I'm only a little bit into "The Art of Fermentation," but I think the applicable catchphrase wanted here is "selective environment." Mr. Katz' books go a long way toward debunking the presumed necessity of "science" to ensure "safety." We would never have learned to fear botulinum toxin, he explains, if we hadn't tried to improve on fermentation by sterilizing our food, i.e., canning.
I took a little molecular biology in school. As I recall (with difficulty) it was mostly about how pH and salinity determine whether this or that protein takes a form that allows it to polymerize or otherwise function. I think that chemistry basically scales up to this effect, because the substances are those that alter protein structure: salt, alcohol, acid.
Reading abstracts in medicine (dermatology is a special interest) and nutrition more lately has led me to speculate that what makes a tonic effective in improving the integrity of our own organism is the diversity of carboxylic acids our bacterial allies give us. Molecules of various sizes to penetrate all our organs and tissues and clear calcium from its protein binding sites, making the processes of life flow like a water heater that has been unburdened of its hard water encrustations.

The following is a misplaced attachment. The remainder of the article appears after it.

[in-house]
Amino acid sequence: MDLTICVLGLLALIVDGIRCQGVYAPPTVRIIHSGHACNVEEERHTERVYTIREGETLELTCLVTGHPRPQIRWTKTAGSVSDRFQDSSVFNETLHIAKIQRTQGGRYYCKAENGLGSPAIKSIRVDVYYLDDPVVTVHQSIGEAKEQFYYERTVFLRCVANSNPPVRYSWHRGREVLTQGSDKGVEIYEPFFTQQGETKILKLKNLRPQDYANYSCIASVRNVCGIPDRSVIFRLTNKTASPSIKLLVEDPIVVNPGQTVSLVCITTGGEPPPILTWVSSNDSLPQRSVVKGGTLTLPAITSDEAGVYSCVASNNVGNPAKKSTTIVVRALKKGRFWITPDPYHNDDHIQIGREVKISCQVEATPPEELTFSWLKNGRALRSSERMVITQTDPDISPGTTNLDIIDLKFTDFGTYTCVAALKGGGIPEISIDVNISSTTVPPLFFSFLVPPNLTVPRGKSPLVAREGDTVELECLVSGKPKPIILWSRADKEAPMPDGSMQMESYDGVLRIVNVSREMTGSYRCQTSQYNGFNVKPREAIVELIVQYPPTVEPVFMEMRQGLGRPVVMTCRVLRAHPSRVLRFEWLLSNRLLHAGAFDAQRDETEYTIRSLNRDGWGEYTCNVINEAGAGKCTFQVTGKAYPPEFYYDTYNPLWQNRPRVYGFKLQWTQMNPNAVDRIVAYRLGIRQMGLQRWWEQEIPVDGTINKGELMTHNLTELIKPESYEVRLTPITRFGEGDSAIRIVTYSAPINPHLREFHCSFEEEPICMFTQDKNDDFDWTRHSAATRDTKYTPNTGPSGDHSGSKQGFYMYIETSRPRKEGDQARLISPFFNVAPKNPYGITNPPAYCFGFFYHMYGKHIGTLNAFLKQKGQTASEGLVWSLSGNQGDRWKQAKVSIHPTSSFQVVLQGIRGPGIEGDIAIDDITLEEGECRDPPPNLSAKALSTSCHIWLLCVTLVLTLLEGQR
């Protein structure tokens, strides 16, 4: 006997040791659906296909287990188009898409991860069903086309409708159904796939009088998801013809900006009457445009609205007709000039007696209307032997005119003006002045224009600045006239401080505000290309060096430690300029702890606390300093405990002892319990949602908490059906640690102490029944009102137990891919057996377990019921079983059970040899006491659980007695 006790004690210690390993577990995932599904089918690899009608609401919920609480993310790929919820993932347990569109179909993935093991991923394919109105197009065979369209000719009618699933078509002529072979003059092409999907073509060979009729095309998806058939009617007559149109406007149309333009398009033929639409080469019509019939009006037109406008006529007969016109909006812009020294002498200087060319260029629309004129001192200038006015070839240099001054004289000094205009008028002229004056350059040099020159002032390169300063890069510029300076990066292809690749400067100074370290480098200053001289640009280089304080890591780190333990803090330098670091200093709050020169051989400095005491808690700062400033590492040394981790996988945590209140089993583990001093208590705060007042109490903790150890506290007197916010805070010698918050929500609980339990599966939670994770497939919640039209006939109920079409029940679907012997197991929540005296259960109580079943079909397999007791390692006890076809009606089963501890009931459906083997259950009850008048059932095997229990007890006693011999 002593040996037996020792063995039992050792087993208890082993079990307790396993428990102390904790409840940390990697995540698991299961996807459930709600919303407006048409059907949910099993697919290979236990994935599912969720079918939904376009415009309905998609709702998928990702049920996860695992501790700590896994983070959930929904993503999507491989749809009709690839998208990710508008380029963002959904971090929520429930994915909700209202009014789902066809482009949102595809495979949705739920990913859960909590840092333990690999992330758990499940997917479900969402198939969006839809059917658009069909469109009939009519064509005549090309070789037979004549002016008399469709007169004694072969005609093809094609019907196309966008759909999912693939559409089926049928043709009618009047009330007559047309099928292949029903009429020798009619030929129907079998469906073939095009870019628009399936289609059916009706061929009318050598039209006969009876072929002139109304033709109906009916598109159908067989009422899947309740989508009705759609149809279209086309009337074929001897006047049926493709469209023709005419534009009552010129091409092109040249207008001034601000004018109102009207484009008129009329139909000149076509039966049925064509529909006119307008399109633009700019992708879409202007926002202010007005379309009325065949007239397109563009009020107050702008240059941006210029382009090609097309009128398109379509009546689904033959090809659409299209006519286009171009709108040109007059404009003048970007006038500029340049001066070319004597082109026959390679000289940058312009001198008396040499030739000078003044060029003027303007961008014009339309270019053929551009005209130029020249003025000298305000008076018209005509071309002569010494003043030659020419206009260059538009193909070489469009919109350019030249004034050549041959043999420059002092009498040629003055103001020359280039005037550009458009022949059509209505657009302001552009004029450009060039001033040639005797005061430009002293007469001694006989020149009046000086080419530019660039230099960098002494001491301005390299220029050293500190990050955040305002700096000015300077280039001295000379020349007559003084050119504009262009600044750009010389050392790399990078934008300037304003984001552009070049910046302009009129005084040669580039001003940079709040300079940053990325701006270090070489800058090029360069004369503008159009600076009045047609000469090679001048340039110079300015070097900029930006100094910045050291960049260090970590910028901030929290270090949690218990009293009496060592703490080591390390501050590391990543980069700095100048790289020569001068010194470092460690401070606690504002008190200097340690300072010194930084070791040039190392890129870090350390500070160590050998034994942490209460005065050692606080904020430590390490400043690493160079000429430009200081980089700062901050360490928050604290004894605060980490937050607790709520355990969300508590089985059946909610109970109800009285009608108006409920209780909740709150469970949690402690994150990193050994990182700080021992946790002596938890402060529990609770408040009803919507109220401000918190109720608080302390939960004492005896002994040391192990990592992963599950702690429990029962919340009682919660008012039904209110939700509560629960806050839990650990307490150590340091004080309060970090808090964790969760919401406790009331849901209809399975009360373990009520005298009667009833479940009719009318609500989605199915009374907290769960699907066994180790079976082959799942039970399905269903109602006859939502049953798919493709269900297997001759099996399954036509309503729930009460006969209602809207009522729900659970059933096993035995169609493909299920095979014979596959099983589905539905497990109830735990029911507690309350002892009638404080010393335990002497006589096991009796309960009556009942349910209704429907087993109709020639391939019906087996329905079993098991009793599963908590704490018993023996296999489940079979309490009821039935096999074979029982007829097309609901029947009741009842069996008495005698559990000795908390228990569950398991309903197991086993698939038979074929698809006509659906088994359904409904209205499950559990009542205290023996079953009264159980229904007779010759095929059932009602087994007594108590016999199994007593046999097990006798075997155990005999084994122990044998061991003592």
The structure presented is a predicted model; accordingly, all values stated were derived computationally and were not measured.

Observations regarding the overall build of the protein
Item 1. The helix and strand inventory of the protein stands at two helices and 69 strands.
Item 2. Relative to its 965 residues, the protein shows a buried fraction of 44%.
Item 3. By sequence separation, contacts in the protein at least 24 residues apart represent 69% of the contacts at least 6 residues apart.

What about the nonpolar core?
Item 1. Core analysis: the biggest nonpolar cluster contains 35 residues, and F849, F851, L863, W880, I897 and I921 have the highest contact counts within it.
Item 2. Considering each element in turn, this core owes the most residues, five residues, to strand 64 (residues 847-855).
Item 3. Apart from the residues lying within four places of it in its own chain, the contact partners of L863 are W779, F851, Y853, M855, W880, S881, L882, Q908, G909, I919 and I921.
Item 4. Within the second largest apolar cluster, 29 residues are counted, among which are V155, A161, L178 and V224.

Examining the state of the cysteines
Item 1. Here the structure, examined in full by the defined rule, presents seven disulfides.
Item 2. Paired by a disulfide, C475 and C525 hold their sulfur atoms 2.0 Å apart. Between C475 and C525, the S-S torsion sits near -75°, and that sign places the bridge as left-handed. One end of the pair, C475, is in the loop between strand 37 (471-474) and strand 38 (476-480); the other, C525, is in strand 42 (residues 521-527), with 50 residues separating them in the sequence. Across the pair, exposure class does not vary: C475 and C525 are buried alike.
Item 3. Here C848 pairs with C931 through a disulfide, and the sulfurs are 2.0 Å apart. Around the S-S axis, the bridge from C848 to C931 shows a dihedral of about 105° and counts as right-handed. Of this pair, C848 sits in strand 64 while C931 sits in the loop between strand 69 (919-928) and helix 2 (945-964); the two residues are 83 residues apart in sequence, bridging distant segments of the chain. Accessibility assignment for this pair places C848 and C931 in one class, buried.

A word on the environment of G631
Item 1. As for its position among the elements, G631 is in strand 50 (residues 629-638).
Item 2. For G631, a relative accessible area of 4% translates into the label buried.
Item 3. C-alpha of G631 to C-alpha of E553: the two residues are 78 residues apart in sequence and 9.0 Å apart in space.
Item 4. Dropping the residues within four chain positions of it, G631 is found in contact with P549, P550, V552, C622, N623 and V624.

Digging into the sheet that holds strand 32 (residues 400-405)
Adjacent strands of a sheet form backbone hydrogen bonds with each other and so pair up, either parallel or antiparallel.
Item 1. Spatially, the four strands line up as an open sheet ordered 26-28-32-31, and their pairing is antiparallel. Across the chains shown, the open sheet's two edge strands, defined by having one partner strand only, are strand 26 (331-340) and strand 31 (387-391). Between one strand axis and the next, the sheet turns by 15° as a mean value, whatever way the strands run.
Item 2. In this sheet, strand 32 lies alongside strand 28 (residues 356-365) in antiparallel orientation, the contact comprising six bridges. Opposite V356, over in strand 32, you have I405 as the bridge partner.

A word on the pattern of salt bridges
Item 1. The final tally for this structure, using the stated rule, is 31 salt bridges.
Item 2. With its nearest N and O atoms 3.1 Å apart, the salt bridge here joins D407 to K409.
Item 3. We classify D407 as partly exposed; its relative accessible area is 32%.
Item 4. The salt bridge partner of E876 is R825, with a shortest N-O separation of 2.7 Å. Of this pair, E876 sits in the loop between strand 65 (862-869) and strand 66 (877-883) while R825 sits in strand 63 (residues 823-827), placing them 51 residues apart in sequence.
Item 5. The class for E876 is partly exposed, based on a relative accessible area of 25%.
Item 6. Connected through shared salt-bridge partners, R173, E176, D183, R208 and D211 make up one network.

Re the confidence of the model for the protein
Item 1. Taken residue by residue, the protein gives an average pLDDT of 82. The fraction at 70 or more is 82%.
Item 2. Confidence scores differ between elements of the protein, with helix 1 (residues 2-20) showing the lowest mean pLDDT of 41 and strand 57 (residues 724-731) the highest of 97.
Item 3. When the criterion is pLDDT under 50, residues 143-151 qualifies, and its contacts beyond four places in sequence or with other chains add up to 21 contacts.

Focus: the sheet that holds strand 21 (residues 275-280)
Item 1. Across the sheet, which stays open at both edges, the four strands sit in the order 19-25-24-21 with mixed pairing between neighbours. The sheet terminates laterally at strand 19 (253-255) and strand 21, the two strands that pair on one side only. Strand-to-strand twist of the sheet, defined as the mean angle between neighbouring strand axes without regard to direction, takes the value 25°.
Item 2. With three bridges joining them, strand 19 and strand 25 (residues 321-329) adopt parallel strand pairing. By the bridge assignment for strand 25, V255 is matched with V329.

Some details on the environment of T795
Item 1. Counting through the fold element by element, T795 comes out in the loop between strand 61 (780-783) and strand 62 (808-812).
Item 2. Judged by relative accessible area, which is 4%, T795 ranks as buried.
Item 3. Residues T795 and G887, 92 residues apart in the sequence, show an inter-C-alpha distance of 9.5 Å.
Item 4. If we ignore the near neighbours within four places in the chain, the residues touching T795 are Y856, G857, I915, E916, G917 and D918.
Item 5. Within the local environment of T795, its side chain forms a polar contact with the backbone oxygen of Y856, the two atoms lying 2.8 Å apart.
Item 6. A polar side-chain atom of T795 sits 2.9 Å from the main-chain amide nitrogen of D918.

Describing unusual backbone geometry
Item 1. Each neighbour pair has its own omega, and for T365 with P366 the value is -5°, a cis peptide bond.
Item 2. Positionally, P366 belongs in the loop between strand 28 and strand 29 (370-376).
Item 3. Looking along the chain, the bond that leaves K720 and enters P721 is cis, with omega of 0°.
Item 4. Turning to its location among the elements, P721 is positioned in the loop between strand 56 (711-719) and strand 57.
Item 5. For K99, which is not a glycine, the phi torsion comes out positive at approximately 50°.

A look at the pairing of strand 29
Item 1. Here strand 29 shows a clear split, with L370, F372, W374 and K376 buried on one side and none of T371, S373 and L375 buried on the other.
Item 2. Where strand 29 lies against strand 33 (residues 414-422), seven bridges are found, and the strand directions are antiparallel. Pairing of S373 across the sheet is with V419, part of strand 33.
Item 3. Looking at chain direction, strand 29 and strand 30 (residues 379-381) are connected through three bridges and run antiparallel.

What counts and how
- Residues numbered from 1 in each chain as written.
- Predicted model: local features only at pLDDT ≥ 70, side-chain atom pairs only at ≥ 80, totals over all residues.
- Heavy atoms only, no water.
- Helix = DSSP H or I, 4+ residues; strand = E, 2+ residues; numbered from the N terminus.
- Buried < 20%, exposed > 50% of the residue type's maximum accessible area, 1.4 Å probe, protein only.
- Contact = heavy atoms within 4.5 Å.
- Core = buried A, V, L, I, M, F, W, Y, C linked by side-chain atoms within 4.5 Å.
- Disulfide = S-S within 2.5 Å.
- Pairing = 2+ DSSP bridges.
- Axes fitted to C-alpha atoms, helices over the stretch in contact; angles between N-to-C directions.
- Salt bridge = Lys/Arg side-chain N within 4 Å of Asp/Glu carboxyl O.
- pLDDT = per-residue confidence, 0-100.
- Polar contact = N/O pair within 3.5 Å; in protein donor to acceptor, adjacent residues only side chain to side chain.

Finally, the microorganisms living in us benefit from the selective environments provided by our optimally functioning bodies. The "acid mantle" of our skin is most familiar and accessible to direct manipulation. Tonic beverages are to our guts what acid toners (chemical exfoliators) are to our skin. I couldn't figure out previously why people referred to pumpkin enzyme, when no protein is ever specified. That's actually an old presumption from the history of fermentation, that the enzymes decomposing a vegetable are the functional constituent. The cosmeceutical makers simply ferment pumpkin juice and call it "enzymes."https://www.bulkactives.com/product/pro ... rment.html
PAY NO ATTENTION TO THE PICKLE MAN BEHIND THE CURTAIN!